7 exciting water sports you haven’t tried

If you’re looking for fresh ways to fit in a workout, while enjoying Canada’s rivers, lakes and oceans this summer, get soaked with these challenging water sports

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Paddle boarding

Paddle boarding

Also known as “paddle surfing,” this sport’s origins can be traced back to Polynesia and the surf kings of Hawaii. You stand on a long board and use a paddle to propel yourself across the surface of the water. Think it sounds tame? Watch a few racing videos and you might change your mind! This is a serious workout that will develop your strength, balance and endurance.

Unlike surfing, stand-up paddle boarding (SUP for short) can be done without waves, so enjoy it at the beach, on a river or on the lake at your cottage. Get the hang of it by taking lessons from a dive or surf shop, such as Surf Ontario, or companies like Paddle Surf Fit in Kamloops, B.C., and Ride the Wake near Ottawa. To learn more about the sport, visit Paddle Surf Canada.


Photo credit: © iStockphoto/delamofoto

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Wakeskating and wakesurfing

Wakeskating and wakesurfing

Enjoy waterskiing or wakeboarding? You’ll like the challenge of wakeskating. It also involves being towed behind a boat with a piece of gear under your feet-in this case, a wakeskate made of wood or fibreglass, but the difference is that wakeskates have no bindings, like a skateboard, and you wear water-draining wakeskating shoes. You can wakeskate with any type of boat or a winch. Once you develop a good sense of balance, you can learn tricks, such as spinning and flipping the wakeskate, even on flat water. Many water sports schools offer lessons – inquire in your area, and check out videos and resources from online communities like Wake2Wake.ca and Stoke City.

Wakesurfing is similar to surfing, but with thinner boards and lower speeds. You start with a tow from a boat (must be an inboard, to protect you from the propeller), then let go and ride its wake from five to 10 feet away. Takes lessons from Surf Kelowna in B.C., and learn more from Wake2Wake.ca and Wakesurfing Magazine.


Photo credit: © iStockphoto/REKINC1980

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Kite surfing

Kite surfing

Also known as “kite boarding,” kite surfing is gaining popularity in Canada and around the world. Basically, you stand on a small board, and you’re attached to a large kite that resembles a mini parachute. The kite catches the wind, and you go shooting across the water, with or without waves, plus you can achieve dramatic air time. With practice, you can learn to do nifty tricks that are sure to wow onlookers at the beach.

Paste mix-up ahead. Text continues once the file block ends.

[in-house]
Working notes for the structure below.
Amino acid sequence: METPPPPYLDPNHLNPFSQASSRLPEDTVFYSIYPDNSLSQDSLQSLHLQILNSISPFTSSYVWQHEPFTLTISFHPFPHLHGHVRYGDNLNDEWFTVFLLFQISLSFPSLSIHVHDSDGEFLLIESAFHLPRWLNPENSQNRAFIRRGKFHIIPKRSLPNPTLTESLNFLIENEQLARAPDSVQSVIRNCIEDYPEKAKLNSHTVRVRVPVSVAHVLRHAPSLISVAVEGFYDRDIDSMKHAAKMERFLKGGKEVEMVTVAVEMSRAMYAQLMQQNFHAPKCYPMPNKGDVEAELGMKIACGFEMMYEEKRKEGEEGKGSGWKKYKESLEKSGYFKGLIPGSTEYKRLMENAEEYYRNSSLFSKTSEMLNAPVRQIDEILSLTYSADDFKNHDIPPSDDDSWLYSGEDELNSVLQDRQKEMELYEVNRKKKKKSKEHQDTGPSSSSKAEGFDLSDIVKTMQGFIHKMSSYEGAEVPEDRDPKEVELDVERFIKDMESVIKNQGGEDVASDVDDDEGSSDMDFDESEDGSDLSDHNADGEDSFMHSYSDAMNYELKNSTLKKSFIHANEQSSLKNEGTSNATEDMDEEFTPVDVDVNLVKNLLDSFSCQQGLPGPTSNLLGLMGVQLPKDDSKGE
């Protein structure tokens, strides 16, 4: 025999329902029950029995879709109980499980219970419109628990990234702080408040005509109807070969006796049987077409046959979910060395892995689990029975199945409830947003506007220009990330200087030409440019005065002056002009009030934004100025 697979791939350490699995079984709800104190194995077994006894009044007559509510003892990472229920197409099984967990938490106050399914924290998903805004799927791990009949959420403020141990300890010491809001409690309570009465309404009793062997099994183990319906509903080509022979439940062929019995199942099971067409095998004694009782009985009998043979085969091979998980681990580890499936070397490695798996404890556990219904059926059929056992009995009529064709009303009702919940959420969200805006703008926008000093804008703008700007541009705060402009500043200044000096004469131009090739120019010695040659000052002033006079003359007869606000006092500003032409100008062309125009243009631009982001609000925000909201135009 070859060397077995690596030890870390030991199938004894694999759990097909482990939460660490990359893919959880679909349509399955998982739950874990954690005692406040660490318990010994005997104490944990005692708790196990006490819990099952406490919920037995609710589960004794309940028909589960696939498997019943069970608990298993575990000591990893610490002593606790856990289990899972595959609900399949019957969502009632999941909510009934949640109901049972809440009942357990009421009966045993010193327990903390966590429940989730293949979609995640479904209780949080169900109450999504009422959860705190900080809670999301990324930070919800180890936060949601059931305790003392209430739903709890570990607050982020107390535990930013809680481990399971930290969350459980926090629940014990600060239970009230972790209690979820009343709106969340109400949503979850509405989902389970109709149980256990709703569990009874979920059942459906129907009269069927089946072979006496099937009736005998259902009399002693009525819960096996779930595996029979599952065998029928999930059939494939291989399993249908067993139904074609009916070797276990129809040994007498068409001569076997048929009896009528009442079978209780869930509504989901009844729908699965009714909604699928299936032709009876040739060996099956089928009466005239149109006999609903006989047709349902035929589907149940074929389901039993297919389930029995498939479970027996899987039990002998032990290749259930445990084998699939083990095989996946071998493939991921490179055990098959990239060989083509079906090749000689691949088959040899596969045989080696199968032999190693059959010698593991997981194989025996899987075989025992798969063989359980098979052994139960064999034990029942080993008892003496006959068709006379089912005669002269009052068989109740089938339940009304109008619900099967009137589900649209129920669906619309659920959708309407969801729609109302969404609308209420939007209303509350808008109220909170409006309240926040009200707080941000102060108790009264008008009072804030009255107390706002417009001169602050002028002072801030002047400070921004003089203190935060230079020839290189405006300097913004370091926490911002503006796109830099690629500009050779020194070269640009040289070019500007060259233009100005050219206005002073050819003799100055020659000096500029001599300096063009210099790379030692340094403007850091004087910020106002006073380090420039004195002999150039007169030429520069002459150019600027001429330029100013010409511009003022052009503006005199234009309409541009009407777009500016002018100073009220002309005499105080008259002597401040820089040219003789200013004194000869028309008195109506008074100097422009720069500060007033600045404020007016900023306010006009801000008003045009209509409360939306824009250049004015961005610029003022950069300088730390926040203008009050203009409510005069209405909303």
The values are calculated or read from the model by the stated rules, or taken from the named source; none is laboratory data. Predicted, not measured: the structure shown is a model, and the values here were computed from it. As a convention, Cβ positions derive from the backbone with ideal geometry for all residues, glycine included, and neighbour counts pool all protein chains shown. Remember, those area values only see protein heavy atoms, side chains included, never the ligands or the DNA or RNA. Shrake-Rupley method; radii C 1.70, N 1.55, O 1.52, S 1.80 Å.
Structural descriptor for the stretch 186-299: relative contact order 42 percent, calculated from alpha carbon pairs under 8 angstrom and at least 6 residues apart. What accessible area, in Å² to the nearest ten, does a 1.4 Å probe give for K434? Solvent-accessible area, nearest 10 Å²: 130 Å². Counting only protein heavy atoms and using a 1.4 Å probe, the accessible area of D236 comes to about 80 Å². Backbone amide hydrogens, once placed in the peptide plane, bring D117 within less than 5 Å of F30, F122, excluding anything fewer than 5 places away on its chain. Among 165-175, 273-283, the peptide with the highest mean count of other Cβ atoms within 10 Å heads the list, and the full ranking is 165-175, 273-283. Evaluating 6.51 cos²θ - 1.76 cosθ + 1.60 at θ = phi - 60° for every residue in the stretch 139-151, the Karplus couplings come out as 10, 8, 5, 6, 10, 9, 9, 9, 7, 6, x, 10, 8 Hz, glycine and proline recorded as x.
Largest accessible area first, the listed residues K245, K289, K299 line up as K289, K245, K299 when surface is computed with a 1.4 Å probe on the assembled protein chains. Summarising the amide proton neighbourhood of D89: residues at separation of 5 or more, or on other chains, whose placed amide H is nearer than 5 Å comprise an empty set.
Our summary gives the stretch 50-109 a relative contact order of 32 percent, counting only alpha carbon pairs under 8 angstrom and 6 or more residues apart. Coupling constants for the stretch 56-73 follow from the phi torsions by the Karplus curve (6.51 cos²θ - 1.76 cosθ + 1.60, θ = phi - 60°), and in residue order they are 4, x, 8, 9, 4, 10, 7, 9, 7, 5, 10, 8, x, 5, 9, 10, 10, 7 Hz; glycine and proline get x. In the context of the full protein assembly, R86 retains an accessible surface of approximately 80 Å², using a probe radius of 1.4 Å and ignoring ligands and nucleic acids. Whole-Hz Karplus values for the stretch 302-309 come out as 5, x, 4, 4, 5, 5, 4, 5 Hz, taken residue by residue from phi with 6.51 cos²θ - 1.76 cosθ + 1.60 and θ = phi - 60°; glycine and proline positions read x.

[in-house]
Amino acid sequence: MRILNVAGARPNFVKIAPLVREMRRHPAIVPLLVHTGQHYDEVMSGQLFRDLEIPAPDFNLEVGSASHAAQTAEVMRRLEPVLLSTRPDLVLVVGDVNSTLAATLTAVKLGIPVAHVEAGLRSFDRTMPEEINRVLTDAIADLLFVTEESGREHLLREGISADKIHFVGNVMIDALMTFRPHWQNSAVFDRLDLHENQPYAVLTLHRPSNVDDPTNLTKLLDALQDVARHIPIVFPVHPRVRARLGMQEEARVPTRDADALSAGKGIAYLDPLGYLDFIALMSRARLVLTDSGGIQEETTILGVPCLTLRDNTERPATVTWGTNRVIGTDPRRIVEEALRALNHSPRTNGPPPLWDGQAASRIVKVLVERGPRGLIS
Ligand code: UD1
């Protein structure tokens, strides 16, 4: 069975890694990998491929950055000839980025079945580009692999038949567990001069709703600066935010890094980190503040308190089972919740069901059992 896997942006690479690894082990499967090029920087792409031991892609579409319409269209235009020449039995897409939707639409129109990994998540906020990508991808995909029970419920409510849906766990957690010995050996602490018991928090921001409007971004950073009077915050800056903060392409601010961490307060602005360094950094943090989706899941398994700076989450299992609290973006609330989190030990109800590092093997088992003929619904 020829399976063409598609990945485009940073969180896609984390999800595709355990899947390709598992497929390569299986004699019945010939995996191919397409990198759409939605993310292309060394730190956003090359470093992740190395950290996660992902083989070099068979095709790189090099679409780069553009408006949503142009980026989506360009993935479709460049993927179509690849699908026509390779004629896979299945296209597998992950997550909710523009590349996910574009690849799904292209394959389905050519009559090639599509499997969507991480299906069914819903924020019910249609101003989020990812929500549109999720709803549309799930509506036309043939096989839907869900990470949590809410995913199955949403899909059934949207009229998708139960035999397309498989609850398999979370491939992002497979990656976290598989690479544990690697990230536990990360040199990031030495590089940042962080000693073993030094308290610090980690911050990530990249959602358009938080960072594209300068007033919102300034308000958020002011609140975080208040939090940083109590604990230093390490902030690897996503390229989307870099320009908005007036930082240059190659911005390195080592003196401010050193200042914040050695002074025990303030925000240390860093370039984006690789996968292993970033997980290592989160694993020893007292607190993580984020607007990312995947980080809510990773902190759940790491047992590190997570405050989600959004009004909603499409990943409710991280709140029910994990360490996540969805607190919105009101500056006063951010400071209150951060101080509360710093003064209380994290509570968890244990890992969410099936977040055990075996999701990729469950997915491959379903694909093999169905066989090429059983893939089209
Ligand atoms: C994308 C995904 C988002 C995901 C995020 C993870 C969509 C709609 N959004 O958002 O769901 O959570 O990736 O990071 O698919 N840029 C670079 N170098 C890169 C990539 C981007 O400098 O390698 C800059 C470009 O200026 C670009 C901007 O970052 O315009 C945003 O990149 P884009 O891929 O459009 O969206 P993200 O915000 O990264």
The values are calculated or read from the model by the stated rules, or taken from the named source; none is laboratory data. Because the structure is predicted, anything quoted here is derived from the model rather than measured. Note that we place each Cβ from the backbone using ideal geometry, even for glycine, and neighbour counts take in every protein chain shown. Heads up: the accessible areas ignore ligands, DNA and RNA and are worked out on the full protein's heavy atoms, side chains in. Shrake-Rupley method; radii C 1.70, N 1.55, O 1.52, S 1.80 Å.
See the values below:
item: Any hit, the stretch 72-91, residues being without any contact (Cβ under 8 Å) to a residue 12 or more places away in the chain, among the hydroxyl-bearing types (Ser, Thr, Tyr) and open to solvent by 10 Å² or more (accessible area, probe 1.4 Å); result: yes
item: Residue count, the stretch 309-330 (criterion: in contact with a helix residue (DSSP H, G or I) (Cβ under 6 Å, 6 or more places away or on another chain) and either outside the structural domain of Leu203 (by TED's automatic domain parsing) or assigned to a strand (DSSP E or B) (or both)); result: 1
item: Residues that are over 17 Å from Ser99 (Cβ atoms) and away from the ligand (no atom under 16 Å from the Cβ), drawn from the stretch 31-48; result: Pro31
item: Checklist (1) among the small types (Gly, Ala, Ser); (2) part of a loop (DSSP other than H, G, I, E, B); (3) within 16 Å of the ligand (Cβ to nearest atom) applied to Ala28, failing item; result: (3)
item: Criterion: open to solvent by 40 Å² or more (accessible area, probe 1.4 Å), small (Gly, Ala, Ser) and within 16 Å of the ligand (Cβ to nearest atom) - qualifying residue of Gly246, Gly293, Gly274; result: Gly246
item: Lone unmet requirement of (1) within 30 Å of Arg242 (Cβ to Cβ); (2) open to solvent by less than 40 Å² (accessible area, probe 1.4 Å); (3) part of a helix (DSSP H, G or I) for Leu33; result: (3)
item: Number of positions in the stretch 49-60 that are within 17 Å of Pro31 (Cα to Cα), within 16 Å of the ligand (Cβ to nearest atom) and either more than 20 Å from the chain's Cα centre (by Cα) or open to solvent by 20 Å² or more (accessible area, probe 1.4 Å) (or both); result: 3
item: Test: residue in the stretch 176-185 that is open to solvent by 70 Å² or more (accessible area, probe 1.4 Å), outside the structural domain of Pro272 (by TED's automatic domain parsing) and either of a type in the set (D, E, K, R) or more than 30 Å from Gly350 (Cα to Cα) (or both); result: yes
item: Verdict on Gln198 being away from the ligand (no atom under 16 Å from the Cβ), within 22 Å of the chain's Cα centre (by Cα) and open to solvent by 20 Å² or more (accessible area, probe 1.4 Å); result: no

It takes practice to manoeuvre the kite and enjoy the sport safely. Sign up for lessons with organizations such as Kiteboarding Canada in Edmonton, Kitesource in Calgary, and Strong Kiteboarding at Nitinaht Lake, B.C., and view videos from Kitesurfing Magazine.


Photo credit: © iStockphoto/cdwheatley

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Surf kayaking and waveskiing

Surf kayaking and waveskiing

Both of these sports involve tackling the waves while sitting down inside a compact, maneuverable personal watercraft and wielding a paddle. The surf kayak has an open cockpit and the wave ski has a closed one. Both offer a major adrenaline rush and a killer workout.

Learn more about waveskiing from the Surfski.info and the United States Waveski Association. For surf kayaking, hook up with the Vancouver Island Whitewater Paddling Society or take lessons with Coast Mountain Expeditions, near Surge Narrows, B.C.


Photo credit: © iStockphoto/JoeGough

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Kayak fishing

Kayak fishing

Kayaks are faster, lighter and more agile than canoes, and there are special models designed for anglers: Fishing kayaks are usually sit-on-top style (more stable than the sit-inside kind), and have space for accessories like bait compartments, fish finders and rod holders. “The kayak provides a safe, economical means to get to where the fish are,” says Allen Bushnell, editor of Kayak Fishing Magazine. “In addition, it’s eco-friendly and quiet (which helps with spooky fish), and even if you don’t catch fish, you get a workout.”

To try kayak fishing, ask outfitters and wilderness tour operators about lessons and trips. For example, Undercurrents paddle sports shop in Calgary offers an introductory course. Bushnell recommends taking it slow and staying safe by always wearing your PFD. “Wear the proper clothes for immersion, have communication gear, and try to bring a buddy, like scuba divers do. Have fun!”

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Photo credit: © iStockphoto/jjshaw14